Wild Camping. Standing watching the sunrise above the sea with a tent on the left.

The Ultimate Guide To Wild Camping In The UK


  1. What Do I Need?
  2. Where Can I Go Wild Camping In The UK?
  3. Leave No Trace
  4. Staying Safe
  5. Things That Go Bump In The Night!
  6. Where To Try It – National Trail Guides

The Dream V The Reality!

Wild camping is the ultimate experience for hikers… Lie down in a meadow on a summer’s day, or in a woodland in autumn, maybe on a mountainside with a spectacular view. Listen to the bees and insects, watch white clouds lazily drift across an intense blue sky and feel your mind tuning in to the drowsy peace of the natural world.

Imagine wild camping out there, watching the sun go down and falling asleep under a twinkling, starry sky…

It definitely captures the imagination doesn’t it? It’s that feeling of tranquillity and intangible ‘connection’ that many of us hanker after. And wild camping can really be like that.

It can also be the complete opposite: there’s a gale blowing, you can’t see anything for the fog and torrential rain and the only sound you can hear is the constant flapping of your tent! It’s at moments like these you wonder what happened to your sanity and how long it will take you to get home, or at least find a warm, dry bed. Oddly enough the latter scenario seems to fade into distant memory pretty quickly and you find you keep going back for more.

Solo Wild Camping

There’s something about solo wild camping that’s often overlooked, which is the immense feeling of self-confidence it gives you.

I found this out when I decided to go solo wild camping after I split up with my son’s dad. We’d always gone to Dartmoor as family before then, but I realised if I was going to carry on doing something I loved I’d have to quell my anxieties and just go for it. I’m so glad I did, because that was over 12 years ago now and I’ve never looked back.

Going solo is really empowering, especially for women I think. It takes a lot of guts to overcome the anxieties at first but as a result you realise you can deal with something most people are afraid of. In other words it makes you feel like you could rule the world! There are other huge benefits too of course: peace, challenge, connection, self-reliance, freedom… They all add up to a heady mix, but taking that first step is often hardest. So

What follows is a guide to wild camping for beginners, including tips and advice for women who want to go solo wild camping. And rule the world!

1. What Do I Need?

Basic Gear And Equipment For Wild Camping

For the best hiking and wild camping experience you need to carry the minimum of kit that’s as light weight as possible (so that it’s comfortable to carry). So before you pack anything else let’s take a look exactly what you need for a good night’s sleep, meals, and a few other essentials:

  1. Shelter
  2. Sleeping
  3. Meals
  4. Other Essentials
  5. Packing Light


  • Tent
  • Bivvy bag and/or tarp

The first few times I went solo wild camping, I admit didn’t take either! It was just me, a sleeping bag and a sleeping mat.

It’s a great way to see if you like it before you invest any money, but you won’t get the best night’s sleep you’ve ever had. This is mostly because you’re likely to wake up soaking wet with condensation!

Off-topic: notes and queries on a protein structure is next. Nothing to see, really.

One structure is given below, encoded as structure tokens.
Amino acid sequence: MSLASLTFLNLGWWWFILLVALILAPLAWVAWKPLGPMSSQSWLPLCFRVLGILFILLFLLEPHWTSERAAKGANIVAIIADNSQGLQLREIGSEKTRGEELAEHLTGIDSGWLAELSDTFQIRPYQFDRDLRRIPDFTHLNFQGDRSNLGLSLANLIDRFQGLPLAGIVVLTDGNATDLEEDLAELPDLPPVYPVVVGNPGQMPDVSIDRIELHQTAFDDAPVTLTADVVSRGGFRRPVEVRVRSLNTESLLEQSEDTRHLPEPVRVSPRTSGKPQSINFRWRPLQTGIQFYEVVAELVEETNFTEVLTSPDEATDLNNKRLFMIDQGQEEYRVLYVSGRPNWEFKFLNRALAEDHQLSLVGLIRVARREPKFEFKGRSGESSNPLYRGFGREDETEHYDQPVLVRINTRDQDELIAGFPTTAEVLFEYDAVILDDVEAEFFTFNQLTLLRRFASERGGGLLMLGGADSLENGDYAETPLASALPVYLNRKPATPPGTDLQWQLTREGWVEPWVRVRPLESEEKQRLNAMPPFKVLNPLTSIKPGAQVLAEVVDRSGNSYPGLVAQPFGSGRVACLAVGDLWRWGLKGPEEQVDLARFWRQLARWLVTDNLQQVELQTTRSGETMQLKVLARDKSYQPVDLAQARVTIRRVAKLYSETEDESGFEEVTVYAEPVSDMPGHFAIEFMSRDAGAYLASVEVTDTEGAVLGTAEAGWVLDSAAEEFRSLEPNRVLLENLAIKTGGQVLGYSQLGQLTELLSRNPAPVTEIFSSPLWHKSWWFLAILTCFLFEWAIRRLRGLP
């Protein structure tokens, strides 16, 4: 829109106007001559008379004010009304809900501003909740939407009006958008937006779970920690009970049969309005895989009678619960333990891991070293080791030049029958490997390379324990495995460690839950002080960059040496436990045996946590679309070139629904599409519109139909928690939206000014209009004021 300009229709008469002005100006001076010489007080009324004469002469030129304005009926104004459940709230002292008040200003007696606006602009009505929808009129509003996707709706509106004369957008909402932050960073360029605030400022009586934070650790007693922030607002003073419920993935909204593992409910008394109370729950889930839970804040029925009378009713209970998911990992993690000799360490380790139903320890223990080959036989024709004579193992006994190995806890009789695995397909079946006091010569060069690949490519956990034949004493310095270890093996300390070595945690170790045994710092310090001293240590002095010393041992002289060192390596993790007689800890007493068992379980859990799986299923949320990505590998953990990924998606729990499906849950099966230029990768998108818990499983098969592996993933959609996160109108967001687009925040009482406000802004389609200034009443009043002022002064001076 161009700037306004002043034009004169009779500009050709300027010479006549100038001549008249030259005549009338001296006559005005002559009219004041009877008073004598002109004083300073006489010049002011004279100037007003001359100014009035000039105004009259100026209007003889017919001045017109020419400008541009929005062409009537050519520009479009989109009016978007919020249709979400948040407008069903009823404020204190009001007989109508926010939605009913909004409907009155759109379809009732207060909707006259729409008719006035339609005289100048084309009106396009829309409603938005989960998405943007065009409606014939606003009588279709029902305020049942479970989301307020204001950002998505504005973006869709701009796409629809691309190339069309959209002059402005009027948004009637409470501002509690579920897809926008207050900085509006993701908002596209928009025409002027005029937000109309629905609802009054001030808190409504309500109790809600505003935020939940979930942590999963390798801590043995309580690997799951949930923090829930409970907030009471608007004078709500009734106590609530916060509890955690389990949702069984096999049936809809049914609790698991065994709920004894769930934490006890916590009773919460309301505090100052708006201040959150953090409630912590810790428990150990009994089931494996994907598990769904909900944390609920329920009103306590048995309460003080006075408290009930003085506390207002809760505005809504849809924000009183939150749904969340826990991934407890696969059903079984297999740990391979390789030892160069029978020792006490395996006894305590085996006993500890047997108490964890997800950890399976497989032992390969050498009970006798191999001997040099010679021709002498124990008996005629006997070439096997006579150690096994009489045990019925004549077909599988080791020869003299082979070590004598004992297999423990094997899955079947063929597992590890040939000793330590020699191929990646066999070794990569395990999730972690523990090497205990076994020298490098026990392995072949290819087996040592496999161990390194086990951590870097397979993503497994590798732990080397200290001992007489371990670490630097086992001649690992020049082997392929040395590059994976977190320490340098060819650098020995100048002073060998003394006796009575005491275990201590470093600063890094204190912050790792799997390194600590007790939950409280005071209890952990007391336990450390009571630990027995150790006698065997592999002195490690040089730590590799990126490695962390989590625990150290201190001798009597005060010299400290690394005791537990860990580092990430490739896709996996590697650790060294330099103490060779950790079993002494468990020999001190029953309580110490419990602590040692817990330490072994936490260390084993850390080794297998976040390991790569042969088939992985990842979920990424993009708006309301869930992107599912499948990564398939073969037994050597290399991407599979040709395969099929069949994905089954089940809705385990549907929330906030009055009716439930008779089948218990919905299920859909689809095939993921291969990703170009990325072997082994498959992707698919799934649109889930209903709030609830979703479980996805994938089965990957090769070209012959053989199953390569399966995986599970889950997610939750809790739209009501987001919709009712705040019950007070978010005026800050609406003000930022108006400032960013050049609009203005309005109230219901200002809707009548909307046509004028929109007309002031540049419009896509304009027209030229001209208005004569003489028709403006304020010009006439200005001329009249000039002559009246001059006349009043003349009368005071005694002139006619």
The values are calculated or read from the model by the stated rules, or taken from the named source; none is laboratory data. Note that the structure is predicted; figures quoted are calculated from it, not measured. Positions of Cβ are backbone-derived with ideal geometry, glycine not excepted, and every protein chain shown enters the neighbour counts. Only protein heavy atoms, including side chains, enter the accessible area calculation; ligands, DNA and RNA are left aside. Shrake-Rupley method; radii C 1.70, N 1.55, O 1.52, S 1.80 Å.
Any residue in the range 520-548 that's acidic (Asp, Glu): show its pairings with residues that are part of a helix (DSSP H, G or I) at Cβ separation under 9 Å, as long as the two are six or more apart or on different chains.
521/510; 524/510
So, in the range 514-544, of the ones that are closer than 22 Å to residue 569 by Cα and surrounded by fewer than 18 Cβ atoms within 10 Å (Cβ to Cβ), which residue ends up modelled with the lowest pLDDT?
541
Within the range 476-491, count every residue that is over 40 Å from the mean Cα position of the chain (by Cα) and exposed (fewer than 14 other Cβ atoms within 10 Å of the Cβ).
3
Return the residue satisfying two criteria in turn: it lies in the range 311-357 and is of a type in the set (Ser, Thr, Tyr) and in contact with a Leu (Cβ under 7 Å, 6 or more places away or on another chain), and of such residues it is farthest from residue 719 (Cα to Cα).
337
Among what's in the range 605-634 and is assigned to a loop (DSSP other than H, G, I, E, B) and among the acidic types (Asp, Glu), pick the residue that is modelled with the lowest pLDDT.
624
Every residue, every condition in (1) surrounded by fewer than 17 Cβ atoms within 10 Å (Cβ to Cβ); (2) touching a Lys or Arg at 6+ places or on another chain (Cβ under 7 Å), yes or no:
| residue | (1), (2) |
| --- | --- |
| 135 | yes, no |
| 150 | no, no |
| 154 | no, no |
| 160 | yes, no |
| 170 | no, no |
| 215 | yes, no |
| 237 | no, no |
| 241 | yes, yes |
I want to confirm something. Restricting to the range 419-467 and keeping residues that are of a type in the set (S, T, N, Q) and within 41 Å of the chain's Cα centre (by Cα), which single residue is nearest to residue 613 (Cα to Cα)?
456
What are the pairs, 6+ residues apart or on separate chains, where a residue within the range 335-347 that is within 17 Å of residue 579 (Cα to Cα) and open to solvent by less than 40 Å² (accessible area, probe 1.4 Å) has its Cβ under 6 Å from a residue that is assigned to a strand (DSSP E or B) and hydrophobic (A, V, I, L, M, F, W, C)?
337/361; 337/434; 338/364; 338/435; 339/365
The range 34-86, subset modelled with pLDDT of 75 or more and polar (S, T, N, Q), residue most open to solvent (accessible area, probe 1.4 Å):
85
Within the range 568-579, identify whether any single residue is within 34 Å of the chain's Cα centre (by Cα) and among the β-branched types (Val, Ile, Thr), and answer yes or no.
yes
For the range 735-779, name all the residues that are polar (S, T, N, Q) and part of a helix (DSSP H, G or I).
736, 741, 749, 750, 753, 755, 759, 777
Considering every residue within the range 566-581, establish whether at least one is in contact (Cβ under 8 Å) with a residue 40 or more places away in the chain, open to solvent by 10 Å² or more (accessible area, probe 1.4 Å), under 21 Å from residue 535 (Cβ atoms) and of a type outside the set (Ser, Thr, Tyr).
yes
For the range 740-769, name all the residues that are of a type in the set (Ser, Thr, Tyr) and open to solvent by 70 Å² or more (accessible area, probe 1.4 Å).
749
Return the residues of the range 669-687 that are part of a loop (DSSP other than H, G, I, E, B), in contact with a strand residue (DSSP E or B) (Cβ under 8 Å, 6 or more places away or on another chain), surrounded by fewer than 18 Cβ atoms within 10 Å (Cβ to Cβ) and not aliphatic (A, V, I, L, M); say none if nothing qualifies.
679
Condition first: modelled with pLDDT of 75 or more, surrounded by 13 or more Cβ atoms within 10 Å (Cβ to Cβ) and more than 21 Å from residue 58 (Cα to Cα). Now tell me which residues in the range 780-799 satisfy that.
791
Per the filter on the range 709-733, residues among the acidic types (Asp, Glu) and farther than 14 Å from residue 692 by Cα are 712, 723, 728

Once I’d been out a couple of times though I knew I’d be heading out on a regular basis so that’s when I invested in a bivvy bag (basically a waterproof sleeping bag cover). After that I bought a tarp for extra protection from the elements, before I eventually bought a one-person tent. I still use all these items today, so

I recommend borrowing a bivvy bag or tent for the first few times, if you can, to see which you prefer

If you’re intrigued or tempted by the idea of using a simple bivvy bag for wild camping, it’s also worth checking out my 4 part series Beginners Guide To Bivvy Camping, which goes into more detail


  • Sleeping bag
  • Sleeping mat
  • A blow up pillow (I find a few spare clothes rolled up in a dry bag just as comfy)

You don’t need to worry about the best sleeping bag on the market. All you need is a summer-weight sleeping bag that rolls up small enough to stuff in your rucksack – and a warm summer night! A sleeping mat can be as simple as a cheap foam roll mat laid out on grass (or a sandy beach), but obviously an air filled mat will be a lot more comfortable. Try not to be tempted to take your bed pillow. A small blow up travel pillow will do just as well, but I prefer to roll a few clothes up in a dry bag so I don’t have to carry anything extra.

Clothes For Sleeping In

  • lightweight pjs or merino underwear (which is an expensive option)
  • A fleece or insulating jacket for extra warmth
  • Lightweight hat and gloves (I usually take a thin balaclava and running gloves, just in case)
  • Pair of fluffy bed socks – these are a comfort thing for me and obviously not necessary!

Whatever you plan to wear for sleeping in should only be for sleeping in – there’s nothing worse than getting ready for bed and realising all your clothes are wet. Keep your night clothes in a separate dry-bag.

If you’re completely new to hiking check out The Absolute Beginners Guide To Walking Kit, which gives straight forward advice and ideas for where to get your gear without spending a fortune.


  • A small stove and fuel – I love my Mini Trangia!
  • Matches
  • Cooking pot/mug
  • Spork
  • Food you know you enjoy (dehydrated is lighter to carry). Check out some ideas for simple camp meals here
  • Snacks
  • Plenty of water
  • A Swiss Army knife is also useful

Other Essentials

  • Head torch
  • Spare batteries for any electronics, like your head torch, phone and camera
  • Map, compass, route
  • Phone, gps (for emergencies)
  • Walking poles. These will take the weight off your knees if you’re carrying a full rucksack and are also essential if you’re using a tarp shelter
  • Personal first aid kit and emergency numbers  (check out the links for what to keep in your first aid kit and what to do in an emergency)

Pack Light